The idea that the NHS shouldn't be deliberately starved of funding, carved up and given away to the private sector isn't extremist, once again the majority of people agree with Corbyn on that one too.

Jeremy Corbyn isn't an extremist and neither are the majority of the public who agree with many of his core economic policies. The problem is that right-wingers in the mainstream media have skewed the debate so far to the right that ideologically driven fanatics like George Osborne and David Cameron are described as the norm, while mild-mannered social democrats like Jeremy Corbyn are derided as dangerous extremists.


This was no kind of victory

As for their so-called flexing of muscles, most of these right-wingers obtained their backbench committee positions completely unopposed. Corbyn undeniably has the support of the Labour membership, but the Blairites who preceded him spent the last two decades parachuting in economically right-wing candidates into Labour safe seats, meaning there just aren't enough non-Blairite politicians left in the party to fill every minor position. It's hardly a victory for right-wingers like Flint, Hunt and Leslie that there's nobody left to oppose them taking up their minor backbench roles, it's a demonstration of how far the Parliamentary Labour Party has drifted from its founding principles.

It's absolutely clear that the vast majority of Labour Party supporters don't want these right-wingers running the party, but after two decades of New Labour purging the party of dissenting voices there just aren't enough non-Blairite MPs left to fill every minor backbench role, so some of these positions have ended up going to embarrassments like Caroline Flint, Tristram Hunt and Chris Leslie.

The agenda


The mainstream media agenda to demonise Jeremy Corbyn as an extremist and talk up the most right-wing elements of the Labour Party as "moderates" couldn't be clearer.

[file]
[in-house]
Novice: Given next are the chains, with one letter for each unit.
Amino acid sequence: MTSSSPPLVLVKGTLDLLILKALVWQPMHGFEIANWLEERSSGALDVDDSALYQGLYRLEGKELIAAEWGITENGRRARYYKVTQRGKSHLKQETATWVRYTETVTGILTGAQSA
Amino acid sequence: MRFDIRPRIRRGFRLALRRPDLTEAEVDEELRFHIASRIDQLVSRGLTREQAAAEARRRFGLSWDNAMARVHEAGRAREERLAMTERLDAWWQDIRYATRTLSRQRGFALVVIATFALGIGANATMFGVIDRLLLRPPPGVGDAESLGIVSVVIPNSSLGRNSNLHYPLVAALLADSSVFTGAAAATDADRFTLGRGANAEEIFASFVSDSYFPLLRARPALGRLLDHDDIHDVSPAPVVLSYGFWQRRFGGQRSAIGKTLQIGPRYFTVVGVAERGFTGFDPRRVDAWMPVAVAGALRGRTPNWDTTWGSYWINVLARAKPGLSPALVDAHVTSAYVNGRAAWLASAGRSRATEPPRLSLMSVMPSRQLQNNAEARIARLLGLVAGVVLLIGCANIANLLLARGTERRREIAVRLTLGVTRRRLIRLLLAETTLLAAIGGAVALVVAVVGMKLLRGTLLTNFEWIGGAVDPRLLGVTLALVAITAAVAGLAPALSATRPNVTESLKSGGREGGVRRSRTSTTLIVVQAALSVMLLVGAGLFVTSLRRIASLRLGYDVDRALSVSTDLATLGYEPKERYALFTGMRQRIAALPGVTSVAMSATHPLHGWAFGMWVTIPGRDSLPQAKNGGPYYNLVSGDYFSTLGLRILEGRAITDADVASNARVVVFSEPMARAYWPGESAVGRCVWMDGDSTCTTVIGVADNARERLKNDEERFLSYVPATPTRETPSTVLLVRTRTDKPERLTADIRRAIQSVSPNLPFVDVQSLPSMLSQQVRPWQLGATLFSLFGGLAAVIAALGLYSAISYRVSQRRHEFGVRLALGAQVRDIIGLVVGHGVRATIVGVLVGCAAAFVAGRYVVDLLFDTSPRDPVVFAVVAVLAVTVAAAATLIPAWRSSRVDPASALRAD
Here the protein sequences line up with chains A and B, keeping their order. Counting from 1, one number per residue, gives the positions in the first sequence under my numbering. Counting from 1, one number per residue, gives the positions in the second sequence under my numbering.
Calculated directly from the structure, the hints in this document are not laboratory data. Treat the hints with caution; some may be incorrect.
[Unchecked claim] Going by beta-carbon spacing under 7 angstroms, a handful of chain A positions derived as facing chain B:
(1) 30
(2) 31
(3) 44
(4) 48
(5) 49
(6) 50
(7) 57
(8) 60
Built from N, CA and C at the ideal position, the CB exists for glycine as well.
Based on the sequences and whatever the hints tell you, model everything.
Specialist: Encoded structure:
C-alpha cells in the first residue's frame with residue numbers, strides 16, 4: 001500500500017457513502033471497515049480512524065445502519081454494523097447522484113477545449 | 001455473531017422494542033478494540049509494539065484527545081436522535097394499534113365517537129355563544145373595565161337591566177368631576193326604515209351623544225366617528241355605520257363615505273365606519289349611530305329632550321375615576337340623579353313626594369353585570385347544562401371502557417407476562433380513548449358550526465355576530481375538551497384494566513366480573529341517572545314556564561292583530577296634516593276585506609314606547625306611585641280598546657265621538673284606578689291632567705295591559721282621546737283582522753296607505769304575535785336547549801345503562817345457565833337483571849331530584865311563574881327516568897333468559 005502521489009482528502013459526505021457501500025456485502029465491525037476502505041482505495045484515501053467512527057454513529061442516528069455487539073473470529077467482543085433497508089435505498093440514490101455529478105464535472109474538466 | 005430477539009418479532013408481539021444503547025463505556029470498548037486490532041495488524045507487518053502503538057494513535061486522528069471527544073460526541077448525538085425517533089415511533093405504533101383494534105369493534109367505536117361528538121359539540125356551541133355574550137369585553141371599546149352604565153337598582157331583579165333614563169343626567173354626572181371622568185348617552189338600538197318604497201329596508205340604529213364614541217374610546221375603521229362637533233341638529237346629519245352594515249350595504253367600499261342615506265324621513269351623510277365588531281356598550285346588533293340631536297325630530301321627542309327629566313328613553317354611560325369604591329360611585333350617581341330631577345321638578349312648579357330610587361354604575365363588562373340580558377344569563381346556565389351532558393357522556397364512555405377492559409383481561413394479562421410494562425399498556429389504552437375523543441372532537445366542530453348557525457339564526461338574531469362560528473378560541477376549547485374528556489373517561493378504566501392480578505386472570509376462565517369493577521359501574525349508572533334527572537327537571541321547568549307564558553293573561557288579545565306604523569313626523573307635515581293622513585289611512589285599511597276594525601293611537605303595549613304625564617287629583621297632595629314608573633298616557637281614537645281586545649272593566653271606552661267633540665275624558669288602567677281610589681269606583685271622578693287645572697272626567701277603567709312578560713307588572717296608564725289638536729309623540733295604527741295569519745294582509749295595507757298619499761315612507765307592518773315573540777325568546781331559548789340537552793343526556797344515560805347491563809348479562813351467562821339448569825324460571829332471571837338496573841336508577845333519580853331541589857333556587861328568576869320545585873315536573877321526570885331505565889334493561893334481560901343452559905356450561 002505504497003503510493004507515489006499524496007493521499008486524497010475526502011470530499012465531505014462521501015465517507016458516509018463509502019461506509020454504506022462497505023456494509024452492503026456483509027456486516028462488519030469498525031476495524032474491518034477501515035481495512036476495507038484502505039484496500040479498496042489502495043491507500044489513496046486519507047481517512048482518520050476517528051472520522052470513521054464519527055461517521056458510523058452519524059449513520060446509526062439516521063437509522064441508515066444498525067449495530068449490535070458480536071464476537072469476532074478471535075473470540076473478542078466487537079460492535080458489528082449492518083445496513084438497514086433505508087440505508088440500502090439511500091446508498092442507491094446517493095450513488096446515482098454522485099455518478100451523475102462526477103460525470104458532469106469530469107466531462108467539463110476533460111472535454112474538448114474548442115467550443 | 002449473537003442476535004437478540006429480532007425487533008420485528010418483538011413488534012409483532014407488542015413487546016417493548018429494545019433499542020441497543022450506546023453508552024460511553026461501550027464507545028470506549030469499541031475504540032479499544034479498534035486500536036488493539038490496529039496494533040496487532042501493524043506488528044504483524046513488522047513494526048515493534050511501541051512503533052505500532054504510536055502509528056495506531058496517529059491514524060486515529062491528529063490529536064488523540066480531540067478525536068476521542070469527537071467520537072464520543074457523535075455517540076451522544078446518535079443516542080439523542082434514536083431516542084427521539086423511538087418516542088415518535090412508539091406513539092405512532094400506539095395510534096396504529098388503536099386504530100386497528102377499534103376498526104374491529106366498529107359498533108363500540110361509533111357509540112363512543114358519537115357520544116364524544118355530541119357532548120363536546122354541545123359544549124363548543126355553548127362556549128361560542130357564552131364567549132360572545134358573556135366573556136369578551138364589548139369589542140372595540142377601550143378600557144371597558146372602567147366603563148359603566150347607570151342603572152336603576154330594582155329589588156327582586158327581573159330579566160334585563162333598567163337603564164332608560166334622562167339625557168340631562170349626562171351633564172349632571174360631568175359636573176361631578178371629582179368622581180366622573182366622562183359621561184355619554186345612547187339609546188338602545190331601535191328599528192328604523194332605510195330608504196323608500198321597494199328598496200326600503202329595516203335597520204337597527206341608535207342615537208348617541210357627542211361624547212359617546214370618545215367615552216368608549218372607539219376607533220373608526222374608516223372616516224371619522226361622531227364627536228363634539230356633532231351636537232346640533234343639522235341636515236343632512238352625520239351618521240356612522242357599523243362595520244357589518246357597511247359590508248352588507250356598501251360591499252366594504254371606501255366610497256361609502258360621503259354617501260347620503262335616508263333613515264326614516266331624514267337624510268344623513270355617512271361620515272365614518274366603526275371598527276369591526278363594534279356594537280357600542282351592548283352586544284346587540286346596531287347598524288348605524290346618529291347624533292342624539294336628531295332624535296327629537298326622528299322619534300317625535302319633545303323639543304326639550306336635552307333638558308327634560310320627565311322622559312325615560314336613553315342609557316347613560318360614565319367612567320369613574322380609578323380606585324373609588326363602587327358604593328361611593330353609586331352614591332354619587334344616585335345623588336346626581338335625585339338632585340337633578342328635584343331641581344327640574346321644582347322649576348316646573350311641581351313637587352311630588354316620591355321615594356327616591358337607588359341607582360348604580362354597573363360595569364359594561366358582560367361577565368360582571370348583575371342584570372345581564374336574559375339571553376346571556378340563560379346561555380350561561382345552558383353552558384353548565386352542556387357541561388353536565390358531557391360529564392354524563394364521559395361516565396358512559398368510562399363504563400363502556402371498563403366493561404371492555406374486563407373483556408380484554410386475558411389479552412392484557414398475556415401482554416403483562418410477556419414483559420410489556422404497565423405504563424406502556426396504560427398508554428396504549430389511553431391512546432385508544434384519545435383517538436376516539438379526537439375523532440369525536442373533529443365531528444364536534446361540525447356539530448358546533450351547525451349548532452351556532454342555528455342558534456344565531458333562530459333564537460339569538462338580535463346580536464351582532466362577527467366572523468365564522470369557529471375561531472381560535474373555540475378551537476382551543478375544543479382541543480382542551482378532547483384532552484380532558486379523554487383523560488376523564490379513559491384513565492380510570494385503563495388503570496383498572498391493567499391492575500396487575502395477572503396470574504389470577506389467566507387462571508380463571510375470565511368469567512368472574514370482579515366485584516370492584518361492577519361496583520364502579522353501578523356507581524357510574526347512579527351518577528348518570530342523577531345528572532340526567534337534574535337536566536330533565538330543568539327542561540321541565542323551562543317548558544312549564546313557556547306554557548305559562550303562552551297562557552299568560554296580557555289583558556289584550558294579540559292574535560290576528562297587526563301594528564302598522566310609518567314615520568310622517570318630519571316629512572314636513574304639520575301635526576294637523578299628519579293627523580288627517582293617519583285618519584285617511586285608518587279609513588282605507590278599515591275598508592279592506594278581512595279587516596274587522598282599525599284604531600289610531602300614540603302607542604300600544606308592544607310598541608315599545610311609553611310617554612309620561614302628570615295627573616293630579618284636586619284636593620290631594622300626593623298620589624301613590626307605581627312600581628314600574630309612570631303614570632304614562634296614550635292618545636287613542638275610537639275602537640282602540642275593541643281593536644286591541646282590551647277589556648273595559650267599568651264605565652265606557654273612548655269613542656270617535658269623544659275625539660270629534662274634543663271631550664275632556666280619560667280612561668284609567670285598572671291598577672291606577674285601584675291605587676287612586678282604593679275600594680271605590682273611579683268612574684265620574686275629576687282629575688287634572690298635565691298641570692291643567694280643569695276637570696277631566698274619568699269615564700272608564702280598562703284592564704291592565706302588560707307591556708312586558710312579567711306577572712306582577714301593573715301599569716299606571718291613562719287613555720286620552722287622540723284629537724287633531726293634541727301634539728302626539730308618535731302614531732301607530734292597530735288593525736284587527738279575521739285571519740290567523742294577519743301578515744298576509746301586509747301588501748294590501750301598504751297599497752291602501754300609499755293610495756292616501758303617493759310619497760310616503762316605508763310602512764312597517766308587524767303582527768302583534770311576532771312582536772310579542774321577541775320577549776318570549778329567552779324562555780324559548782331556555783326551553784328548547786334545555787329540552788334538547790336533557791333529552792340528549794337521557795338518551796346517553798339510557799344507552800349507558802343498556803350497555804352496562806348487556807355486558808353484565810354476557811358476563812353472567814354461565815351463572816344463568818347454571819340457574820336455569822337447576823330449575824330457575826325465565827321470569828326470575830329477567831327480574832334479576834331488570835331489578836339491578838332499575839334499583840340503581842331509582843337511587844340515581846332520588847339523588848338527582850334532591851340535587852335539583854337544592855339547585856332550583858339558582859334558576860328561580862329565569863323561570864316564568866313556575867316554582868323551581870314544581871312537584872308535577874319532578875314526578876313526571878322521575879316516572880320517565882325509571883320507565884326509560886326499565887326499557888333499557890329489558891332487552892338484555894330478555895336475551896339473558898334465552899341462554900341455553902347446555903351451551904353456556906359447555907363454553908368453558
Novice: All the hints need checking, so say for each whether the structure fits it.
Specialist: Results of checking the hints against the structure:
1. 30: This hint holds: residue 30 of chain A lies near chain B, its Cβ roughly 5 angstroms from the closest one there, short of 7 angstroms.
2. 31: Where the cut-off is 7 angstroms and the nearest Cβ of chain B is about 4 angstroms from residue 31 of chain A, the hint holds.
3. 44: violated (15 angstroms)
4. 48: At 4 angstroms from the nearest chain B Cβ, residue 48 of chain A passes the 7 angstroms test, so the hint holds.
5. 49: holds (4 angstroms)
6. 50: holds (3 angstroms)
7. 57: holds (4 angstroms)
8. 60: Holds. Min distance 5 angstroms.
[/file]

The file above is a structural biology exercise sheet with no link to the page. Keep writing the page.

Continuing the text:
The idea that by positioning themselves ever so slightly to the left of the most right-wing Tory government in living memory these people are somehow "moderates" is utterly ridiculous. As is the idea that a Labour Party led by these people would be remotely electable. These people couldn't even get 5% of Labour Party supporters to back their right-wing candidate during the Labour leadership election, so how on earth could they ever get some 25% of the entire electorate to buy into their disgusting brand of pink Thatcherism?

I think the conclusion here is pretty obvious. I'm pretty sure that most politically aware people know by now to take the Murdoch Press and the Daily Mail with a huge pinch of salt, but the obvious false narrative and biased language in this Guardian piece should serve as a warning that it's important to always use your critical judgement whatever the source.


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MORE ARTICLES FROM
 ANOTHER ANGRY VOICE 
         
Jeremy Corbyn is not as radical as the media claim he is 
           
The incompatibility of Christian ethics and modern Conservatism
       
A letter to fans of Workfare
                             
Secret Courts and the very Illiberal Democrats
                          
The ideological vandalism of the English education system
                
Iain Duncan Smith's reign of terror
                      
The Tory ideological mission
                                
Margaret Thatcher's toxic neoliberal legacies